He has grand designs. A day after declaring himself the “presumptive nominee,” the billionaire laid out his international agenda in a serious address … even using a teleprompter. He chastised Europe for not funding its own defense, vowed to mend ties with Russia, pledged a major military buildup and promised to wipe out ISIS. America “is going to be a friend again,” Trump added, while saying his administration’s major theme would be “America first.” But the speech, which promised both a “consistent” and “unpredictable” foreign policy, is doing little to quiet opponents.
They don’t need a lift just yet. That’s the message from the U.S. central bank, which decided yesterday to hold rates at between 0.25 and 0.5 percent. No hike was expected, due to concerns over slowing U.S. economic growth, low spending and international volatility, but the Fed said that it has become less concerned about a global downturn. Experts think a rate boost will come this summer, though Janet Yellen and her colleagues will be keeping a close eye on developments like the Brexit vote before preparing for take-off.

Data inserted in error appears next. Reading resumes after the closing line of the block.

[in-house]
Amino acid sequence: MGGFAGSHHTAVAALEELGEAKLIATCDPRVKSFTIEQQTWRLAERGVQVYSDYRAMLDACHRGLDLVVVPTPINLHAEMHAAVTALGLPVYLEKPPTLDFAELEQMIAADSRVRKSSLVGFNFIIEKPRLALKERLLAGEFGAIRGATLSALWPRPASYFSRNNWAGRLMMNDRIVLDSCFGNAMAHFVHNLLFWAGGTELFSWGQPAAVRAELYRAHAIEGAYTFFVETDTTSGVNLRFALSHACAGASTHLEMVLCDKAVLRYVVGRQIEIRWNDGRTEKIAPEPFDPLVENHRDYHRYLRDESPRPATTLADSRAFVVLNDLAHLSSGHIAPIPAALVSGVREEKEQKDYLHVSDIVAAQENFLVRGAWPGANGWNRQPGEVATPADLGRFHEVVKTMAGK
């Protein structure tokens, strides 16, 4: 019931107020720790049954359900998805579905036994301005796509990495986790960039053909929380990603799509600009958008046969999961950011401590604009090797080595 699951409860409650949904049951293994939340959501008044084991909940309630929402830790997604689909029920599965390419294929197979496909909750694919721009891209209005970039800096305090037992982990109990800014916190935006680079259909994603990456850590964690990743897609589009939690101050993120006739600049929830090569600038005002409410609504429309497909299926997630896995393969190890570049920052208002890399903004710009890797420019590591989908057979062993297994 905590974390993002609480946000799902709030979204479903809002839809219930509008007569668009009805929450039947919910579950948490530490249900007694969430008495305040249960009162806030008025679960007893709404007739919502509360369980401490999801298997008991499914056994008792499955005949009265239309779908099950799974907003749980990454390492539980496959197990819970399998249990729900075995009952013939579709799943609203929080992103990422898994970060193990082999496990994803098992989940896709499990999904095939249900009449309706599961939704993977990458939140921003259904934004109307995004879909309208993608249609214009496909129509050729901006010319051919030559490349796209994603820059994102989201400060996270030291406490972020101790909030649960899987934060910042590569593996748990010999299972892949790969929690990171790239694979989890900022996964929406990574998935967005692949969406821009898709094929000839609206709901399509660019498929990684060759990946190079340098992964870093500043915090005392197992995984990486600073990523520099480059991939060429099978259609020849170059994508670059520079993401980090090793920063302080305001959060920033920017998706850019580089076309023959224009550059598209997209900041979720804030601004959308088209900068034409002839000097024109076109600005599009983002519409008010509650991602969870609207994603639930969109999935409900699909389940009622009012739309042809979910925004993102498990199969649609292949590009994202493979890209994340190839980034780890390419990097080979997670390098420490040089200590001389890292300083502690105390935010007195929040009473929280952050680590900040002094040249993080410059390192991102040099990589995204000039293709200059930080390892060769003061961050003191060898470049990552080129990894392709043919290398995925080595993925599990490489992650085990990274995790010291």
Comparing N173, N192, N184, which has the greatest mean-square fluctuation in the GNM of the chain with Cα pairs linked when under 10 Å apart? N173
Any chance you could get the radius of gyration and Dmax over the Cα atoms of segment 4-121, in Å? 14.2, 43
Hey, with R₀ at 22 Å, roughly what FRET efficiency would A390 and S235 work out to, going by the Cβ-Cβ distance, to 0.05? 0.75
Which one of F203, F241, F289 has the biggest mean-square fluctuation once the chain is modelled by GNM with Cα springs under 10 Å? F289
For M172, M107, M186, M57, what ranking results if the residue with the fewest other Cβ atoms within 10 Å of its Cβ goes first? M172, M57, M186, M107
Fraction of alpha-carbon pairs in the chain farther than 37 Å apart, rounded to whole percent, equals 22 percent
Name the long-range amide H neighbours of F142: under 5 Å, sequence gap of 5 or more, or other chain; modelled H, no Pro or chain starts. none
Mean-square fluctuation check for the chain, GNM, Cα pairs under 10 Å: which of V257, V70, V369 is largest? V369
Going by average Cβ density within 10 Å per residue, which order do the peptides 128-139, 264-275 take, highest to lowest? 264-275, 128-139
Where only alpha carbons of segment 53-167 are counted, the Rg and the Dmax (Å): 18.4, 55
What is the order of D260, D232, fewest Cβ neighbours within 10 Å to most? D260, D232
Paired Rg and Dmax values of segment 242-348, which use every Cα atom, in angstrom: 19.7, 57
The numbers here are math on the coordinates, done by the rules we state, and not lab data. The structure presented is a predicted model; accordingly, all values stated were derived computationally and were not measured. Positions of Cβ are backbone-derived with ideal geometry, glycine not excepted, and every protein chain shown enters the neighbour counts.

Baltimore TV Station Evacuated Over Bomb Threat, Three Arrested in Connection with California Shooting
Man reportedly clad in ‘hedgehog onesie’ claimed to have a bomb at Maryland’s Fox 45 station. (Baltimore Sun)
Three people arrested in connection with San Bernardino shooting. (KTLA)
Military personnel disciplined over Afghan hospital debacle, official says. (BBC)
Medicaid to cover most halfway house inmates under new policy. (USA Today)
Comcast agrees to buy Dreamworks for $3.8 billion. (WSJ) sub
North Korean missile crashes after launch. (USA Today)
Australia, Papua New Guinea to hold urgent refugee talks. (BBC)